With this material, Costa-Gavras could do his part to address the troubles of his homeland. Since World War II, power struggles between Communists, the conservative government, the military, and King Constantine II had kept Greece in turmoil, which included Lambrakis’s assassination and a 1967 military coup. In Z, Costa-Gavras responded to dictator George Papadopoulos and his colonels—albeit from afar, with this Francophone production that used only one Greek actor, Irene Papas (as Lambrakis’s wife)—symbolically addressing the Lambrakis murder and subsequent coup, and endorsing the restoration of democracy, which ultimately did happen when Konstantinos Karamanlis was elected prime minister in 1974. The pulsating score by Mikis Theodorakis, who was under house arrest in Greece but defiantly gave Costa-Gavras permission to use his previously recorded music, helped define the film’s rebellious spirit. Costa-Gavras illuminated all that real-world drama while exercising his skills with newfound purpose.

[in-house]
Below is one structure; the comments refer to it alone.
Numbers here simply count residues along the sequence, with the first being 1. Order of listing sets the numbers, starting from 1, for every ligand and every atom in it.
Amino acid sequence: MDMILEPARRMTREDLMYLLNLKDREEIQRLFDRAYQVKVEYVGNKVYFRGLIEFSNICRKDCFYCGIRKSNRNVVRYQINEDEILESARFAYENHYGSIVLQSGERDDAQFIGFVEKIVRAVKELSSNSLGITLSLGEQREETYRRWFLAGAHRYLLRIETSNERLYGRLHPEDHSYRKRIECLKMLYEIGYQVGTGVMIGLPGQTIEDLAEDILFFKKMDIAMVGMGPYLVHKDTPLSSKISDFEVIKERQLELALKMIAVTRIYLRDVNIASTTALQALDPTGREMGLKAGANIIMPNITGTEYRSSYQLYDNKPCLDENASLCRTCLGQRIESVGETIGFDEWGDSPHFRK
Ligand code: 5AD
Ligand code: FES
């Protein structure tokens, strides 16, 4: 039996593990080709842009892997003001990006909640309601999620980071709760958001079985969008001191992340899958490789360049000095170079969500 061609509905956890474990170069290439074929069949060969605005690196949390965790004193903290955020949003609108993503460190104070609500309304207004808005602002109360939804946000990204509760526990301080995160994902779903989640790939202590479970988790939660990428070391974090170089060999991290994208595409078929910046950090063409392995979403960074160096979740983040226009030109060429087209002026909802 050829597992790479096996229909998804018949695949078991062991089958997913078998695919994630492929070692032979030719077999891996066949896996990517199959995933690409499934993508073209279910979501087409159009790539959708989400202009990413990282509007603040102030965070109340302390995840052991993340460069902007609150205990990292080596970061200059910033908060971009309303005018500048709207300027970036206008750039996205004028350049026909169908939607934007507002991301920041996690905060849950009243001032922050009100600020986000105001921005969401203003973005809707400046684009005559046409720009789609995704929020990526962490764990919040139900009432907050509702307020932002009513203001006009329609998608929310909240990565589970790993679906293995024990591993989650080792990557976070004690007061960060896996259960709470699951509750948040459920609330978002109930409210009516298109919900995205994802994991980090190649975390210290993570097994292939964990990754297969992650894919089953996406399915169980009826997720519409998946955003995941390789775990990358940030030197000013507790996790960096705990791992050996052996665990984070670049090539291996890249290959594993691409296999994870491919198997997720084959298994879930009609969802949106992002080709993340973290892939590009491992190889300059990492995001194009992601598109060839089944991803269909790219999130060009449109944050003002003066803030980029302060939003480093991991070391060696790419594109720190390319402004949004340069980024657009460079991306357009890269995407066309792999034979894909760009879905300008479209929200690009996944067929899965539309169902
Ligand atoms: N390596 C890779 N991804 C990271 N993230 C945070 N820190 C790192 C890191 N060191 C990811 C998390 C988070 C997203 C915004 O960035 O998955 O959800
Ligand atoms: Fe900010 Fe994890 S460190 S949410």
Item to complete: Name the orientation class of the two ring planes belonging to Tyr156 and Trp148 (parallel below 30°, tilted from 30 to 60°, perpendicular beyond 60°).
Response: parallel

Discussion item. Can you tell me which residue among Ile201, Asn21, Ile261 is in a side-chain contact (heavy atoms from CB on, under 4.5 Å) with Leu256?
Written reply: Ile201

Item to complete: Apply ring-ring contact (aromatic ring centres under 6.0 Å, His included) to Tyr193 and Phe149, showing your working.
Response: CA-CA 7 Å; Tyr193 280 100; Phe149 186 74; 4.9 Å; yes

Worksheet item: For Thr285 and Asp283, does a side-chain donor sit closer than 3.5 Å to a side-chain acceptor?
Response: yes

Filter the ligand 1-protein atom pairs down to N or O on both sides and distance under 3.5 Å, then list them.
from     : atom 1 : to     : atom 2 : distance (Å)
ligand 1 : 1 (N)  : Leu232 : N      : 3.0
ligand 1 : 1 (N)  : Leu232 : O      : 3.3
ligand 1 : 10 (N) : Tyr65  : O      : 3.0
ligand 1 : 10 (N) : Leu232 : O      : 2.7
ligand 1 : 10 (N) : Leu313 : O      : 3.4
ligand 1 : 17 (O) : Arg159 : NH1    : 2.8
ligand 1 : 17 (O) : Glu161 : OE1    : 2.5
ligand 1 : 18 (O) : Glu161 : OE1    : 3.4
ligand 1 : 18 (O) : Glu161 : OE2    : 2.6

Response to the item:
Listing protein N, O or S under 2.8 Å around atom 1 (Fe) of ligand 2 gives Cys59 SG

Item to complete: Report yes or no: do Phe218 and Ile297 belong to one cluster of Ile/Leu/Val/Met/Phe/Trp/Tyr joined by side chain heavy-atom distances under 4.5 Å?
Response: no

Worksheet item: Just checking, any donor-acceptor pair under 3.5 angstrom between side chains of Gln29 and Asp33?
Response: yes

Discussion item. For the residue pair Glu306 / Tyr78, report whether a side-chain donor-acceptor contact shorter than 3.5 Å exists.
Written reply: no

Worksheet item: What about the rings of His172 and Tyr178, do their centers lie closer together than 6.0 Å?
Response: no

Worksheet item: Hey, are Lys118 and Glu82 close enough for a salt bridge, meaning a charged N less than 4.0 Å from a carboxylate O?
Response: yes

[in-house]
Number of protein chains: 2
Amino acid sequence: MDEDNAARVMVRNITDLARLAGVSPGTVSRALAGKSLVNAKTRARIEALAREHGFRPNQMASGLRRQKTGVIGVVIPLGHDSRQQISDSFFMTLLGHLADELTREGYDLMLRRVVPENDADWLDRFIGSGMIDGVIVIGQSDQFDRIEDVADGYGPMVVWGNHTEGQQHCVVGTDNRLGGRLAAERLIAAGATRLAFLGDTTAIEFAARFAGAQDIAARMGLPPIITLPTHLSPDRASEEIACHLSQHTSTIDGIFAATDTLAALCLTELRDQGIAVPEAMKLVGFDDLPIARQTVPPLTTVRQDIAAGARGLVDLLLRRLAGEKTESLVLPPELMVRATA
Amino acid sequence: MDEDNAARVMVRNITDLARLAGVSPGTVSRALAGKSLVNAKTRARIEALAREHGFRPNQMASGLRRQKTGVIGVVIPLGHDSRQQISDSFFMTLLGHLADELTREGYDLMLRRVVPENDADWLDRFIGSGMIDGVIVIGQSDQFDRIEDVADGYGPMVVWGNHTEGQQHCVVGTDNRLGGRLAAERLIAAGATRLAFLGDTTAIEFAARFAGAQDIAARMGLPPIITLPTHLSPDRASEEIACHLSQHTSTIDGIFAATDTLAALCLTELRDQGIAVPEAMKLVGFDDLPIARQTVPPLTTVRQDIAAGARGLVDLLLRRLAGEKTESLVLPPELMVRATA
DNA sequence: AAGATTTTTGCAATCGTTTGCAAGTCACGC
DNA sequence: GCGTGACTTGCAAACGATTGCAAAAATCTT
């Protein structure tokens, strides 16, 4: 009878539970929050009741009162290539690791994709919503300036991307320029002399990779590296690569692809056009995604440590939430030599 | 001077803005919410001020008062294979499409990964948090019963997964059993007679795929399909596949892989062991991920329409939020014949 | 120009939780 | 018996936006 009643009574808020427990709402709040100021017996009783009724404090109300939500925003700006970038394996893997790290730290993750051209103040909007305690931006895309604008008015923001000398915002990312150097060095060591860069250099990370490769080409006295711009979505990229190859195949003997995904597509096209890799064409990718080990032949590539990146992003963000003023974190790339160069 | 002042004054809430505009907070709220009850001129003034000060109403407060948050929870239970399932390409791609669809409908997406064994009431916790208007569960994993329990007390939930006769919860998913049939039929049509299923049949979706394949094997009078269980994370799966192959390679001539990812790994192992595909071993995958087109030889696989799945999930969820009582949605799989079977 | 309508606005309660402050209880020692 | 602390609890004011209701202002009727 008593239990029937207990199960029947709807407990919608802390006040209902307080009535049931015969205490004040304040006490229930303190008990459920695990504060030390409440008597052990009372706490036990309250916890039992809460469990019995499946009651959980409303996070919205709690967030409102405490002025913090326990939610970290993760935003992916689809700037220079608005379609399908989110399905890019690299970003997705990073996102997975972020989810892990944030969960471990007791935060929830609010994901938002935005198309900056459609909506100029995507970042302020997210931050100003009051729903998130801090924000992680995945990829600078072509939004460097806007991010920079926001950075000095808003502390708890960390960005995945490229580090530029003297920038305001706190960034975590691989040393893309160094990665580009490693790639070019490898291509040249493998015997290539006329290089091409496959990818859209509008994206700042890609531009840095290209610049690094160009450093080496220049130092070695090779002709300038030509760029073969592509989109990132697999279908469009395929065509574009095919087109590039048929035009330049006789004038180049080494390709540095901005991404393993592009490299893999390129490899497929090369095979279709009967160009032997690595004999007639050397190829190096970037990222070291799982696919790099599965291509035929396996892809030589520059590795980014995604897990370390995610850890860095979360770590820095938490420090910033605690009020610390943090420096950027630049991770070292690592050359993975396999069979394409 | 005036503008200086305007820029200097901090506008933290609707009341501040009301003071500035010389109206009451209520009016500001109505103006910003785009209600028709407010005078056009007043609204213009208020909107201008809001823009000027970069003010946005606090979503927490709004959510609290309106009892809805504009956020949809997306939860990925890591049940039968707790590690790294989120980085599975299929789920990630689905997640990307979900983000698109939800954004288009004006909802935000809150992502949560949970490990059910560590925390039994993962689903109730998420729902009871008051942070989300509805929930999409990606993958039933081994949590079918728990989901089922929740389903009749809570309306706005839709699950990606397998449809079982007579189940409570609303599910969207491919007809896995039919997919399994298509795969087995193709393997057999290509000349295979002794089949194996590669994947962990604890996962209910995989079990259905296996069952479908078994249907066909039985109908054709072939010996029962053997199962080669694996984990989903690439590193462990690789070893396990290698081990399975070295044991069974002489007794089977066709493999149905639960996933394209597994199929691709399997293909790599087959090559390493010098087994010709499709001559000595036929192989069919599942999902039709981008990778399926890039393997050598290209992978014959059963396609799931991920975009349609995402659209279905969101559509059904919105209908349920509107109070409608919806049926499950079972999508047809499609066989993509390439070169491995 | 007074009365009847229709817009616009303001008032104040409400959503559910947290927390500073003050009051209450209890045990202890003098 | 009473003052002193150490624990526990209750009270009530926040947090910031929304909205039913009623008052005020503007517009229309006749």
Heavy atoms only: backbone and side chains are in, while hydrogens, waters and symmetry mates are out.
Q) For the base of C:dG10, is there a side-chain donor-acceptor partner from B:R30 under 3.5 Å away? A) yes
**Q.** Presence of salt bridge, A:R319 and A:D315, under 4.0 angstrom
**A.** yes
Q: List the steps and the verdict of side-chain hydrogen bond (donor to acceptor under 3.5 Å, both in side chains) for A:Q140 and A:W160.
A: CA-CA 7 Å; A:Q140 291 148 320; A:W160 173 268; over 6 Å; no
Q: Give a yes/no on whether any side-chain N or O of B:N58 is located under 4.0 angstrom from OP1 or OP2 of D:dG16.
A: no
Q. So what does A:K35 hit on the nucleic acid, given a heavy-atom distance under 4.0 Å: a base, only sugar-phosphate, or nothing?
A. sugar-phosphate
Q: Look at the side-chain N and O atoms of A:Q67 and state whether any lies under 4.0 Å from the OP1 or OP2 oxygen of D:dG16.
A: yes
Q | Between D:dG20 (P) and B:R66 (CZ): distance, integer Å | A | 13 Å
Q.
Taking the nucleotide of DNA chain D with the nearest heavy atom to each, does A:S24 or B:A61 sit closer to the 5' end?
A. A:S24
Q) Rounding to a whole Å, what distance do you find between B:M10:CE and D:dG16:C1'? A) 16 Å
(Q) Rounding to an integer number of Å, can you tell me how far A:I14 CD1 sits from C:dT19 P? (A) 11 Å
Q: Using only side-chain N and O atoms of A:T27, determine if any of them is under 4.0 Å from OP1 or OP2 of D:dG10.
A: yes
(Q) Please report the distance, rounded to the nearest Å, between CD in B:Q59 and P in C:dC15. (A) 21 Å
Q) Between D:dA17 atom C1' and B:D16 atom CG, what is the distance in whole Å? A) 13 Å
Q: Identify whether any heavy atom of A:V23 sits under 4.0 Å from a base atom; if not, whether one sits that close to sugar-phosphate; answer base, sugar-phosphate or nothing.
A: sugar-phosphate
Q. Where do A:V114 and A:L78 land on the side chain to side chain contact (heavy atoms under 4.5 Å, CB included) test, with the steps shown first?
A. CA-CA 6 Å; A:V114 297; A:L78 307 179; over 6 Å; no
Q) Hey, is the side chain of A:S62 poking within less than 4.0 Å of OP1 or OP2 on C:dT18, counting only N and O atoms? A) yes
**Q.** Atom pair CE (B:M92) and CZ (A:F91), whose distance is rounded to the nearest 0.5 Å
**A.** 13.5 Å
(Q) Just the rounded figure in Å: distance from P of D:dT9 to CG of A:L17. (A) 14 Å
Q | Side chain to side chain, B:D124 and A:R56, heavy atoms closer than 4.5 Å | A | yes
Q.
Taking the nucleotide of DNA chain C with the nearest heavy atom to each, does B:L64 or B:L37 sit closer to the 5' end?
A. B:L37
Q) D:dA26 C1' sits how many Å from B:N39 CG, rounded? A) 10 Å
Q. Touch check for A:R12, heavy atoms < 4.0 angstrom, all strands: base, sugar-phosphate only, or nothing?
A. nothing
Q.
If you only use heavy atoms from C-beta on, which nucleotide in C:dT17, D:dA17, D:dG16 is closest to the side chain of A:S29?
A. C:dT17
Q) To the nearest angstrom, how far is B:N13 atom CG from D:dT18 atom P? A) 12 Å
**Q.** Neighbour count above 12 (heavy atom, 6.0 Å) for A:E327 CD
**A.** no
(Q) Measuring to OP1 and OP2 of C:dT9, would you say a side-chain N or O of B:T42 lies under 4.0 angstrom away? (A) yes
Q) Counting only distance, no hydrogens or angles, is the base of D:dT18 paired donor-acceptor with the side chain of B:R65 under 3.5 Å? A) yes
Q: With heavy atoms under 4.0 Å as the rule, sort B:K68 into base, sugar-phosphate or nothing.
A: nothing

Z is not a tract setting out the ideological differences that made Lambrakis a target of the conservatives seizing power in Greece. Rather, Costa-Gavras and screenwriter Jorge Semprún use Lambrakis’s murder to ring the alarm on a corrupt and murderous seizure of power. Their means are sincere and emotional more than propagandistic, appealing to leftist sympathies while offering a simpler understanding of the morality behind power struggle, in a way that recalls the righteousness of those late-forties Hollywood political thrillers. To dramatize how human rights are under literal threat, Costa-Gavras and Semprún craftily, without naming names, set up the scene of the crime: a Lambrakis-like speaker, played by Montand, opposes the obstacles that local authorities raise to holding a small rally. This tense night has noirish parameters, with Montand’s heroic deputy, diffident officials, executive military officers, the rally planners, and a ragtag group of hired thugs with anti-Communist sympathies. Once the rally is forced into a less accommodating hall, the stakes for calamity rise. Chaos erupts out of this tension, and Costa-Gavras, with cinematographer Raoul Coutard, exposes the tragedy with depth and lucidity. The clarity is almost surreal—it feels as inevitable as prophecy and as familiar as history, instantaneously mythic. When replayed in slow motion, the scene recalls the experience of reprocessing an unbelievable truth.